Lowlands-L Anniversary Celebration

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About the story
What’s with this “Wren” thing?
   The oldest extant version of the fable we are presenting here appeared in 1913 in the first volume of a two-volume anthology of Low Saxon folktales (Plattdeutsche Volksmärchen “Low German Folktales”) collected by Wilhelm Wisser (1843–1935). Read more ...

V laemsch


Flemish art has enjoyed world fame for centuries, such as
this painting of a 16th-century Flemish street festival
(“The Battle between Carnival and Lent”) by Pieter Brueghel
the Elder (ca. 1525~30–1569).

Language information: Flemish is by many considered a separate language (i.e., not a part of Dutch), mostly for what amounts to political reasons. This group is subdivided into Eastern Flemish and Western Flemish. Eastern Flemish varieties are used in most of the Belgian province of Eastern Flanders and also in parts of the Netherlands’ province of Zeeland-Flanders. The boundaries and characteristics of this group are not very clearly defined, mostly due to a complex mixture of Flemish substrates, Brabantish superstrates and Standard Dutch, French, German and Spanish influences. The West Flemish varieties, on the other hand, are fairly clearly defined and are less influenced, except by French, and this has been the basis of claims of separate language status. It is used mostly in Western Flanders and in French Flanders, being severely endangered in the latter. Like Low Saxon, Western Flemish and some neighboring varieties of Zeeland are phonologically rather conservative in that the have not participated in certain shifts from long vowels to diphthongs.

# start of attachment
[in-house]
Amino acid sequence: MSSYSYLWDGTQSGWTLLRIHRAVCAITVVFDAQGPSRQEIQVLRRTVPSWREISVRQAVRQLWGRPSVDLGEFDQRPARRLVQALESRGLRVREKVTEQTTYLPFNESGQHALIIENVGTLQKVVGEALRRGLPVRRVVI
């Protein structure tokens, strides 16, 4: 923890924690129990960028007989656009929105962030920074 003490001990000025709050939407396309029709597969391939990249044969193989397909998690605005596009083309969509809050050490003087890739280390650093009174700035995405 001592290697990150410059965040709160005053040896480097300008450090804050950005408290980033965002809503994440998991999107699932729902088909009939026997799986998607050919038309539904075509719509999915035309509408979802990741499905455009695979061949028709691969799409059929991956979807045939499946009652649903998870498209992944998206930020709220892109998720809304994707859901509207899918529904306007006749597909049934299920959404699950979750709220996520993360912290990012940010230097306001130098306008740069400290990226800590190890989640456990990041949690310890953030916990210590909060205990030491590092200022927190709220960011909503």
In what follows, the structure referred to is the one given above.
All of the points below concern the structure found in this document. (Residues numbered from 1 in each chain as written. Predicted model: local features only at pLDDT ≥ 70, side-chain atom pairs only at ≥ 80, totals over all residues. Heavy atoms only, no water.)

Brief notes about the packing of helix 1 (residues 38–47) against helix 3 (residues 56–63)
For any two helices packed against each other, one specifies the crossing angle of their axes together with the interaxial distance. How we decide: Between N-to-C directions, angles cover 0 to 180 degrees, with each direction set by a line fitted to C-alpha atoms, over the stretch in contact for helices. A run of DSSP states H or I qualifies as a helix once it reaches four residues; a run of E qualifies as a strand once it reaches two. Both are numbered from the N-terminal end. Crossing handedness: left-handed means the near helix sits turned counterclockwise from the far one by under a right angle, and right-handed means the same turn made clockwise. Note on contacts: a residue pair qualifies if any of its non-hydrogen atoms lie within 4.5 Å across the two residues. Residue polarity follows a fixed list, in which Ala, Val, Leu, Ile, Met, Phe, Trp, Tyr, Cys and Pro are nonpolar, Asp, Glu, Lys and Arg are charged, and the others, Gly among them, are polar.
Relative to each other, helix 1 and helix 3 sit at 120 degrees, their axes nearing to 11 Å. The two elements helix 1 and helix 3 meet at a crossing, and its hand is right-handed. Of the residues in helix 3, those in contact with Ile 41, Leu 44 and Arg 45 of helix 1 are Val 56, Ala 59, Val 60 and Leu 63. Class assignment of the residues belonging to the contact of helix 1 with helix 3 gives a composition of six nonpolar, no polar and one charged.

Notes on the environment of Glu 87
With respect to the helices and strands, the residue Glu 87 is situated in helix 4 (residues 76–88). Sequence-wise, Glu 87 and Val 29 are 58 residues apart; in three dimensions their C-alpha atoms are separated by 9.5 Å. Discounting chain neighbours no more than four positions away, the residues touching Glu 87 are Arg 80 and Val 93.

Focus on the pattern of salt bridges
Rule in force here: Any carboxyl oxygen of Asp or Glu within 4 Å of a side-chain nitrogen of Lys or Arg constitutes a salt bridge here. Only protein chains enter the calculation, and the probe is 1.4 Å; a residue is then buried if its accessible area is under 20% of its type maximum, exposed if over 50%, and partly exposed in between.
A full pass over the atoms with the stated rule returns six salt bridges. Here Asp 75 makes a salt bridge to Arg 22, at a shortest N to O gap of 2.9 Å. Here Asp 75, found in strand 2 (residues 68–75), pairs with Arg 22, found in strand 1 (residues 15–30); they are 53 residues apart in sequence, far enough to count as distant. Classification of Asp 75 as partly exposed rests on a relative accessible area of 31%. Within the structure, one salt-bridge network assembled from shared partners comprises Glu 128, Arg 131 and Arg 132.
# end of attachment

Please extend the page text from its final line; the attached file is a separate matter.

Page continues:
Flemish exerted some influence on Scots and Scottish English and also on some English dialects of Northern England, due to Flemish textile workers having immigrated to Lowlands Scotland and Northern England, many of them via Wales. An apparent example of a Flemish borrowing in Scots is tae keek ‘to take a peek’; cf. Flemish kiek’n (['ki:kŋ], Dutch kijken ['kaı:ke], Low Saxon kieken ['khi:kŋ]) to (take a) look’.
     [Click here to read more.]

Genealogy: Indo-European > Germanic > Western > Low German > Low Franconian > Southern

Historical Lowlands language contacts: English, Frisian, Limburgish, Scots

    Click to open the translation: [Nieuwpoort] [Ostend] [Roeselare] Click here for different versions. >

Author: Reinhard F. Hahn

© 2011, Lowlands-L · ISSN 189-5582 · LCSN 96-4226 · All international rights reserved.
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